Table 1. Sgn β = metzler matrix without zeros.
algorithm for computing β−1. For example, for the Metzler matrix for which n = 3 the expansion of det β has six terms, five of which are positive, and all off-diagonal cofactors are positive.
Inspection of Table 1 reveals that the allowable sign patterns for sgn π as a proportion of possible sign patterns falls significantly as n increases. Nevertheless, the associated entropy increases and the level of a priori information provided by the qualitative structural specification decreases. Accordingly (as expected), the entropy measure is the proper measure for the information, i.e., “scientific content”, provided by the qualitative structural specification.
It should be noted that even weaker structural specifications can be measured by entropy. For example, suppose the theory only specifies which variables appear in which equations, i.e., only specifies which entries in β are zero and which are nonzero. A specification of this kind is given for sgn β below where the entries marked “?” are nonzero, but equally probably can have a positive or negative sign. The specification below has only one cycle of inference.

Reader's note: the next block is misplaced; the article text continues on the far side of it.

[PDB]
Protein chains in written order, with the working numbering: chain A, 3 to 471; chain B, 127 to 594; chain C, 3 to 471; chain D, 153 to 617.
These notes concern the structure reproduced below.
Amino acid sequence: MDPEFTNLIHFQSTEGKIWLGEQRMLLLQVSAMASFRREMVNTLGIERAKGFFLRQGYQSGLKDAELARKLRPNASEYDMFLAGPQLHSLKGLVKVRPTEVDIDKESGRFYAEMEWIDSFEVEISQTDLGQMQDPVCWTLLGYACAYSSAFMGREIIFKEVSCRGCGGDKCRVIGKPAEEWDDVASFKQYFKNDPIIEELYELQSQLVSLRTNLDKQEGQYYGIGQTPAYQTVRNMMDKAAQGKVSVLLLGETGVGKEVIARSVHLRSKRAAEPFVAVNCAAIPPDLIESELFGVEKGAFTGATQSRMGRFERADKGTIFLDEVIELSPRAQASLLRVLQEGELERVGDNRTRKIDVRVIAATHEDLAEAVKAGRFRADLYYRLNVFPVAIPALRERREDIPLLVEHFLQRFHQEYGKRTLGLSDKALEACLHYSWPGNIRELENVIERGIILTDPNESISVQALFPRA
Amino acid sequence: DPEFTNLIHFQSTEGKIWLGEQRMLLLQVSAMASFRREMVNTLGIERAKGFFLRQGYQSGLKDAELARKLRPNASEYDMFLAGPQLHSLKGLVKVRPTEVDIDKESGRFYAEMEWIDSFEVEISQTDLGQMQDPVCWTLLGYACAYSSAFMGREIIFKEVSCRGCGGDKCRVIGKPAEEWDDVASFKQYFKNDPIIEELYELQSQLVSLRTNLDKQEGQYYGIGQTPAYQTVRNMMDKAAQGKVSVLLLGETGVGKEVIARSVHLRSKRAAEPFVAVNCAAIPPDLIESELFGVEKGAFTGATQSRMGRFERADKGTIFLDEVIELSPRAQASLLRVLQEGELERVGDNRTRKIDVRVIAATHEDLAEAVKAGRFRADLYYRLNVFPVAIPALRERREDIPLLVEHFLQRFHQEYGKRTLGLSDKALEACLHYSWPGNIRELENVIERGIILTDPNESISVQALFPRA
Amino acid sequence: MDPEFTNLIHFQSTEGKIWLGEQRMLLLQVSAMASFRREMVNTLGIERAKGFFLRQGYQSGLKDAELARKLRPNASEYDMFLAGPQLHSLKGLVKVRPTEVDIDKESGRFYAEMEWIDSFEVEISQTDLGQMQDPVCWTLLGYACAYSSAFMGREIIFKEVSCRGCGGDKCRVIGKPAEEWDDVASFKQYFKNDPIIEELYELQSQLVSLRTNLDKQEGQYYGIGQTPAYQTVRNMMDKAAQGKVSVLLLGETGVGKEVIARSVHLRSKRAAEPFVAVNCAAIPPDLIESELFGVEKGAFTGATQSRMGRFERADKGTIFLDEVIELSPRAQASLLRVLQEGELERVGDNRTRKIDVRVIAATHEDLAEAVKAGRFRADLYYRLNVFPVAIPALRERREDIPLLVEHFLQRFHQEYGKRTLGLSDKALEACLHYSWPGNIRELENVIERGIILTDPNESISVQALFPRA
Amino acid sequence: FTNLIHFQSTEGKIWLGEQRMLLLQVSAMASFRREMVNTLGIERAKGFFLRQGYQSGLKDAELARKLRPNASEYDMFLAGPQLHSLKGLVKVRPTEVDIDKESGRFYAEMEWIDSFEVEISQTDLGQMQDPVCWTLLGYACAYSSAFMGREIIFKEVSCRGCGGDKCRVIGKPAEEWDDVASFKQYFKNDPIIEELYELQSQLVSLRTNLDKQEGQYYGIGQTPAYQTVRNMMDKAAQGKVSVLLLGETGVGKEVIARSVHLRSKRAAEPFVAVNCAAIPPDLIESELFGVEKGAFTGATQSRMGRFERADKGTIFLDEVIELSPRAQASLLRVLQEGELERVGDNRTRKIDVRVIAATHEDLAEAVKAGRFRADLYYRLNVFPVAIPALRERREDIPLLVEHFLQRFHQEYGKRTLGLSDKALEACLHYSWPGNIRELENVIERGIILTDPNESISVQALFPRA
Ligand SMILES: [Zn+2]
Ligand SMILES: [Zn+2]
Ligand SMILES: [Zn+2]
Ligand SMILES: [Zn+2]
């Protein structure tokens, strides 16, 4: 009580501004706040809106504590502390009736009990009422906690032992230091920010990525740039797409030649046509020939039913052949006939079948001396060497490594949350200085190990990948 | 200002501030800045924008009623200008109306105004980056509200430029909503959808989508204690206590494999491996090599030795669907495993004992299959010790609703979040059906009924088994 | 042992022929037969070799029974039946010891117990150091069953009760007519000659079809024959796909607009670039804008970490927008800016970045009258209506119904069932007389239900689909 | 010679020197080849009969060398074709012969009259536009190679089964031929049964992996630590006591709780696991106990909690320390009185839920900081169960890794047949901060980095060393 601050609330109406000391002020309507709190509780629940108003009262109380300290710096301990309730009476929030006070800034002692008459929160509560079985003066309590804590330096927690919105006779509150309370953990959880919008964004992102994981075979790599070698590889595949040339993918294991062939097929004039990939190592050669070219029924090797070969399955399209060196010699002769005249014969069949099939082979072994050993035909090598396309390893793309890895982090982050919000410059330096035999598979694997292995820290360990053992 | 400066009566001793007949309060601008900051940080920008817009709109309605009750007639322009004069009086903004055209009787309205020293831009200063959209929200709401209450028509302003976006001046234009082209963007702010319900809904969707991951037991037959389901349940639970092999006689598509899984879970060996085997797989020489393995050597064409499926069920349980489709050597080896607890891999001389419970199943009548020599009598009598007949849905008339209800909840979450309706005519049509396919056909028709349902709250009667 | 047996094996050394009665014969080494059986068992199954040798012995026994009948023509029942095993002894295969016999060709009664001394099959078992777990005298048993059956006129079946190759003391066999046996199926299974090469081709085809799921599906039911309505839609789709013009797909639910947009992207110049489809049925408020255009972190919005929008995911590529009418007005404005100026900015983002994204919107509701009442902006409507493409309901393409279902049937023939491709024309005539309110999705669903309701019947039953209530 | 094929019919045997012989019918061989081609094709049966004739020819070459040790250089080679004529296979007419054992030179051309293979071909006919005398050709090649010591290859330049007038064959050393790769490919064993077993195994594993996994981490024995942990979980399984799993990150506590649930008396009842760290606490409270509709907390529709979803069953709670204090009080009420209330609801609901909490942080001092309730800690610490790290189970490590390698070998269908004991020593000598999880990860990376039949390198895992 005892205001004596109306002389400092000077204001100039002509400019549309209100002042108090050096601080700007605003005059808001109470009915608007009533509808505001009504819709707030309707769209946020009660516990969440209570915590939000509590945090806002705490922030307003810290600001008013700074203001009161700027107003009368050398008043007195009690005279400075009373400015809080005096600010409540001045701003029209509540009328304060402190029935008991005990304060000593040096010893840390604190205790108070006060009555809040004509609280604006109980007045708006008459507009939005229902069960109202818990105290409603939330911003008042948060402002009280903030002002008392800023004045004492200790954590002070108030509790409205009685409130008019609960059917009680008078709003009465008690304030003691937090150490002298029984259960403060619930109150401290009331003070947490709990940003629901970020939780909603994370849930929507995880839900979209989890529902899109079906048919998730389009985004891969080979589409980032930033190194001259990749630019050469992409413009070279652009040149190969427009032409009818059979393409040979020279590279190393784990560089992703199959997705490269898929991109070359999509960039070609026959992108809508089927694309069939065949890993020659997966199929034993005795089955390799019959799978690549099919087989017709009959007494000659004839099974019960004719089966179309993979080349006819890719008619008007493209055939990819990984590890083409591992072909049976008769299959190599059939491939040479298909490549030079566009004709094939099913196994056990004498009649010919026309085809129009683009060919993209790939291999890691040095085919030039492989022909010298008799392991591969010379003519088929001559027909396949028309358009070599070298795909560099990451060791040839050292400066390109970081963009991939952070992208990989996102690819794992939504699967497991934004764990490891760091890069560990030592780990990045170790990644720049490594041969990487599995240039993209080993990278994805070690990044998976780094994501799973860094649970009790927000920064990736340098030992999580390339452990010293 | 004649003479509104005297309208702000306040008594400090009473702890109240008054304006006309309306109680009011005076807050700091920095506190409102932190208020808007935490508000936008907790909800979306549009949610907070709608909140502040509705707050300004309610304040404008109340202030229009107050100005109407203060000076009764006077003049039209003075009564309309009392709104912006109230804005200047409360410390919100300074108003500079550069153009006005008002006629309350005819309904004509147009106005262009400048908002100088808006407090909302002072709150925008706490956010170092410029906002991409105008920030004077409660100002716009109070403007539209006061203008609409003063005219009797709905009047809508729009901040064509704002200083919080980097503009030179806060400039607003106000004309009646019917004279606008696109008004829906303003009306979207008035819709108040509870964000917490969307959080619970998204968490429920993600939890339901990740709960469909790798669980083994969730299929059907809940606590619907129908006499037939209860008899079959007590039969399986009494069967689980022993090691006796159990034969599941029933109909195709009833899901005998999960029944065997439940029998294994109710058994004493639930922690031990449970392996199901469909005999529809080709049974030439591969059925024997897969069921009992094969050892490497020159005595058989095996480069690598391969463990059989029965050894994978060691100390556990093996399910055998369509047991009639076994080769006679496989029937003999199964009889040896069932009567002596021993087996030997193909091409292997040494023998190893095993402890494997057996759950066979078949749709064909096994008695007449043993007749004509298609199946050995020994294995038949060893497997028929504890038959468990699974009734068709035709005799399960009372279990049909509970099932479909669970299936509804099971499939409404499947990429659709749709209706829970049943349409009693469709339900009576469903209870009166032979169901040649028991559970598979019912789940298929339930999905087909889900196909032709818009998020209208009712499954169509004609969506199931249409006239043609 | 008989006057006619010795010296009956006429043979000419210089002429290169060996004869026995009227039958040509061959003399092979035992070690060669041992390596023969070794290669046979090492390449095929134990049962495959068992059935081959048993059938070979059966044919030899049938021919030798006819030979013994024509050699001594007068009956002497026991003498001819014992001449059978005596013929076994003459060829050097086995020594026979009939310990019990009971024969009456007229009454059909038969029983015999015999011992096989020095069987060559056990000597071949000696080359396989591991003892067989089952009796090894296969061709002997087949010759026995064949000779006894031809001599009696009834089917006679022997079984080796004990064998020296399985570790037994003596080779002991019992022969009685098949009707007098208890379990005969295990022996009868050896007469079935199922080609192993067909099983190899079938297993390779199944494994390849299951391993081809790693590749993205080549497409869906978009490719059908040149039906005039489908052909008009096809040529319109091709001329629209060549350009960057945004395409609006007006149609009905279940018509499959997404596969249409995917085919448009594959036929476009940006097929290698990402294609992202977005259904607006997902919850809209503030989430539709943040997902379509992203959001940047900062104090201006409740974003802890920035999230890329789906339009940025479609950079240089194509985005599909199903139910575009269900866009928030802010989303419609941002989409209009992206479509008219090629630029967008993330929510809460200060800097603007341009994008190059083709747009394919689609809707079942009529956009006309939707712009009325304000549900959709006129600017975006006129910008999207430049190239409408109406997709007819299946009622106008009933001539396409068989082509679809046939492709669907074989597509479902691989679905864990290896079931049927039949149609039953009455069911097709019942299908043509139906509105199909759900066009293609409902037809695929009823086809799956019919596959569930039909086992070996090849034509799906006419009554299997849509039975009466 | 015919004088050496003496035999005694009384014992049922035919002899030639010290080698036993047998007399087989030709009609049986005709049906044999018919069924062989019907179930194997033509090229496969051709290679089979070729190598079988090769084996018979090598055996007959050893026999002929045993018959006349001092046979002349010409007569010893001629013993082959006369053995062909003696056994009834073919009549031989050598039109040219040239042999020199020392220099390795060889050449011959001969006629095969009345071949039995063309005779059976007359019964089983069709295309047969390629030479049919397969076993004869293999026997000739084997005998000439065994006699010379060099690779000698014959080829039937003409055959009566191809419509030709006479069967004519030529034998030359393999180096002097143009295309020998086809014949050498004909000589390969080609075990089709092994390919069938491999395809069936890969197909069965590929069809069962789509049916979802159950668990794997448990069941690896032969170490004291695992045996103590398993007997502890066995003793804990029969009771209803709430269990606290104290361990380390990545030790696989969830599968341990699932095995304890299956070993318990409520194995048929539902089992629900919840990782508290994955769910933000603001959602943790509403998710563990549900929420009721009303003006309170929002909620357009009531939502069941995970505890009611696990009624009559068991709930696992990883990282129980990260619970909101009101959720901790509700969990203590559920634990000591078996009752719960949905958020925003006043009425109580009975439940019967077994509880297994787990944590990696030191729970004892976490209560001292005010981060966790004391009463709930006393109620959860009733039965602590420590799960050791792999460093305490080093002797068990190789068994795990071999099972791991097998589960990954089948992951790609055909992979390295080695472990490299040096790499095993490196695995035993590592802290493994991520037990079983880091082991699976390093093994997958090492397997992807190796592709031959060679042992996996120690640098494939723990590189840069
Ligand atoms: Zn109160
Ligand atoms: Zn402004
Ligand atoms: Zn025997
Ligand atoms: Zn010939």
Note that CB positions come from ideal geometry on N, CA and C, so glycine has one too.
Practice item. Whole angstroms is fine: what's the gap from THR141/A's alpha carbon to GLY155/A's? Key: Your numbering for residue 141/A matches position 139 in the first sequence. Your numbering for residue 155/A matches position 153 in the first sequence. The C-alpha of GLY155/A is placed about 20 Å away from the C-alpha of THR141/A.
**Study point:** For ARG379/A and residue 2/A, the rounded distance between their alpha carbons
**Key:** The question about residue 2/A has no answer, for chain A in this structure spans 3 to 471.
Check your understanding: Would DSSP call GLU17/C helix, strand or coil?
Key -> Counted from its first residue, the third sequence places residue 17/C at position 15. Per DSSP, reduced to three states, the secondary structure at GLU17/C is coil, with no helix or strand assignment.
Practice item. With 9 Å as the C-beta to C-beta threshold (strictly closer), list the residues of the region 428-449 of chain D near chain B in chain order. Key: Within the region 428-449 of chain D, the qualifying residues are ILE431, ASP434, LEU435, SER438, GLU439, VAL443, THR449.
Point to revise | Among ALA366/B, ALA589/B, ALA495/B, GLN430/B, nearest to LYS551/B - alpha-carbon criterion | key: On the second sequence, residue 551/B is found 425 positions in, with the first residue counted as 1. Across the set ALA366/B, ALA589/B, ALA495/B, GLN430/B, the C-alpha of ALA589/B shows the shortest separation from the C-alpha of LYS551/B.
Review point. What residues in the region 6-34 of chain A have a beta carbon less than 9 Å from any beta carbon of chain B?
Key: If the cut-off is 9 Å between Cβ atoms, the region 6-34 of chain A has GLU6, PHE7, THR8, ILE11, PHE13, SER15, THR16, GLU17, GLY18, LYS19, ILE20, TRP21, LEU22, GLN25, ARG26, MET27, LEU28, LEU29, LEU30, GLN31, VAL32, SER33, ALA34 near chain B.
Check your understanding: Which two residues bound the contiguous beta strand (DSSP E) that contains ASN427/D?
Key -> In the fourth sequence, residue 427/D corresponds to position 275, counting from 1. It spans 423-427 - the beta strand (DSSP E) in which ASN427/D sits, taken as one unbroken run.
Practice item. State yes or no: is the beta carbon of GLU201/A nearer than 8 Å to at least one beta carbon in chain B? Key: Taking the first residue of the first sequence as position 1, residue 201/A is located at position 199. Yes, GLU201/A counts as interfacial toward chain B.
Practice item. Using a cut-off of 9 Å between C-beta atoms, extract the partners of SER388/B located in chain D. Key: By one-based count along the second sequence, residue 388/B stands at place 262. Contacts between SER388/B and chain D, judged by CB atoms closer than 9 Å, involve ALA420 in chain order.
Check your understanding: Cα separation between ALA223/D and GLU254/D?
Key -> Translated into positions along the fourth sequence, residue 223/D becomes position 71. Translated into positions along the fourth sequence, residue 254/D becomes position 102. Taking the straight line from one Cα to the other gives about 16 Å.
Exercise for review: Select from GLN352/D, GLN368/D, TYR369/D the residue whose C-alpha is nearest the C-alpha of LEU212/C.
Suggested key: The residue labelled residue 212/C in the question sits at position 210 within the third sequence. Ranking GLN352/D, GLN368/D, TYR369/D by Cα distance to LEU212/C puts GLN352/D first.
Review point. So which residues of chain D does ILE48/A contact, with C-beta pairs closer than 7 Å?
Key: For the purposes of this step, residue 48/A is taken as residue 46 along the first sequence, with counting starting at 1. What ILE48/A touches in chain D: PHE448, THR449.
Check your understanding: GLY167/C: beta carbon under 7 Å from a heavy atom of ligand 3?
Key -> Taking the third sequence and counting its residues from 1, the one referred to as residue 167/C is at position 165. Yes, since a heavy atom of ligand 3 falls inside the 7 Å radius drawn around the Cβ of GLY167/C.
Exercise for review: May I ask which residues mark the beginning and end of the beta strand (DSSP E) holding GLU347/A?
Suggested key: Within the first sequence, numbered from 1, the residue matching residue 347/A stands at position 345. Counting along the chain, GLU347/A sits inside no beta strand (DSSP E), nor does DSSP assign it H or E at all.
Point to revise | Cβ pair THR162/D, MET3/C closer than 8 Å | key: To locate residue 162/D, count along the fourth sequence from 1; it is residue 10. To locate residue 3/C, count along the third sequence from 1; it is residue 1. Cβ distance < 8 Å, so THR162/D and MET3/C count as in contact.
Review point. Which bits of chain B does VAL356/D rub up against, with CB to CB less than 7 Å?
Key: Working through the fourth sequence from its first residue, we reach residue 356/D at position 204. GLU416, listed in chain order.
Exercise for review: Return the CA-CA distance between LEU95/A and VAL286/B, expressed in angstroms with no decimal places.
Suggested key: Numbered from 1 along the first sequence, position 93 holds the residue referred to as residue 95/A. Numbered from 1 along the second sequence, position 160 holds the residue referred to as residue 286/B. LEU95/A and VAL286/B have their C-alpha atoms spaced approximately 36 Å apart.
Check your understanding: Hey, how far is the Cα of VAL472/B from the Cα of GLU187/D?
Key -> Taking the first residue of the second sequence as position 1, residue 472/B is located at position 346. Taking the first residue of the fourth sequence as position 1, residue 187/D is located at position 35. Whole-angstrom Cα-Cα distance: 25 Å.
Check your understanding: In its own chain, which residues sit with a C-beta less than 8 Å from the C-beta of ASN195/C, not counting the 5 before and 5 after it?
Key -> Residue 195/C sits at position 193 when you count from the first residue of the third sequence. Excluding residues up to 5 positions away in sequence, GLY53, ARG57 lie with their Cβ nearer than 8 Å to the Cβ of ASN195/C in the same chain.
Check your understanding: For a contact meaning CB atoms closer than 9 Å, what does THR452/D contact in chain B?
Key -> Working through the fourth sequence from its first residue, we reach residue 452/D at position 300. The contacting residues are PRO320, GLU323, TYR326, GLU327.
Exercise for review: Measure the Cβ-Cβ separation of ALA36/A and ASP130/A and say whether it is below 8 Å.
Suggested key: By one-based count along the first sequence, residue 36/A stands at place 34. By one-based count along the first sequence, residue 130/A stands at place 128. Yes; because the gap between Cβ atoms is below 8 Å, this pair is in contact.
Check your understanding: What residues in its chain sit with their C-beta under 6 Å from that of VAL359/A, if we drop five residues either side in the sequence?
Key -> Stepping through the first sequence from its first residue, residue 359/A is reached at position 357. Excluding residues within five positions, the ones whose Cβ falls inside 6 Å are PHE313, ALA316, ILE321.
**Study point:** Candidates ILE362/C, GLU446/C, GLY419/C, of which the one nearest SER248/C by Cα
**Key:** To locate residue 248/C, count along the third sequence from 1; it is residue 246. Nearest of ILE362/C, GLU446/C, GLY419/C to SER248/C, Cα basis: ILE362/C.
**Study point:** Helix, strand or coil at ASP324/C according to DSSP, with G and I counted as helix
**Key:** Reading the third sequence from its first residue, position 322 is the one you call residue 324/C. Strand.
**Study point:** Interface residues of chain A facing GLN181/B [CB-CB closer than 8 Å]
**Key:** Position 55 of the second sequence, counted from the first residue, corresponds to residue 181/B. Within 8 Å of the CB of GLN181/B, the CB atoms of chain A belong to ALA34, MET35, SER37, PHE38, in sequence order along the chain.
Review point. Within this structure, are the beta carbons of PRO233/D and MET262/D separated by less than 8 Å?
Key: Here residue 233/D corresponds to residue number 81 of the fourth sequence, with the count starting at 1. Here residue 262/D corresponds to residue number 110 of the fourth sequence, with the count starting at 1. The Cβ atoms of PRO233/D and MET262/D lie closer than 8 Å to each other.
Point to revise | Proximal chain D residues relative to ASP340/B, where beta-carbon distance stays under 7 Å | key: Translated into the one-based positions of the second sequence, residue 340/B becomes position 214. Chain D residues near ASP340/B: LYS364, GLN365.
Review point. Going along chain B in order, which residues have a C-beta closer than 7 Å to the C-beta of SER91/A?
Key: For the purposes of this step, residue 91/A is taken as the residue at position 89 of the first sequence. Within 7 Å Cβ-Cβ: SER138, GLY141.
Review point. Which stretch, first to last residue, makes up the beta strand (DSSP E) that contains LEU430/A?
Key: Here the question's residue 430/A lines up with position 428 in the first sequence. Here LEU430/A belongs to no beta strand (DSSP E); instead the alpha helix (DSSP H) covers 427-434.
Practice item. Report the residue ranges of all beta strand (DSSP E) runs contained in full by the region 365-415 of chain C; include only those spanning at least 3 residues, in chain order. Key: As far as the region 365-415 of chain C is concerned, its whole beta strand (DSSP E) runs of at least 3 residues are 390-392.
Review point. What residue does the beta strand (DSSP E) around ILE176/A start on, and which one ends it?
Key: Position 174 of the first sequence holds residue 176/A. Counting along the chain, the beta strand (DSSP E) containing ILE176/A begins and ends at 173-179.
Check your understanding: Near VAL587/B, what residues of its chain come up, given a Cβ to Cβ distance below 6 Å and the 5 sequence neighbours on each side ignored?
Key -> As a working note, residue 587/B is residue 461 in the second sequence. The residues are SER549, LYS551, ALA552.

Even for this austere structural specification, there are only 256 allowable sign patterns for sgn π. Each of these are equally likely for the uniform distribution of magnitudes for entries assumed here so that the entropy of this structural specification is 8 and the corresponding INFO% = 50. The specification eliminates over 99% of the possible sign patterns for sgn π. Accordingly, since qualitative analyses are not typically performed, if a standard multi-stage regression estimation procedure were used to find values for the nonzero entries of β based upon the estimated reduced form, there is a good chance that the specification would be (unknowingly) falsified and the values found for the nonzero entries of β could not possibly, regardless of their signs or values, have generated the sgn π that was estimated, e.g. Buck (2016).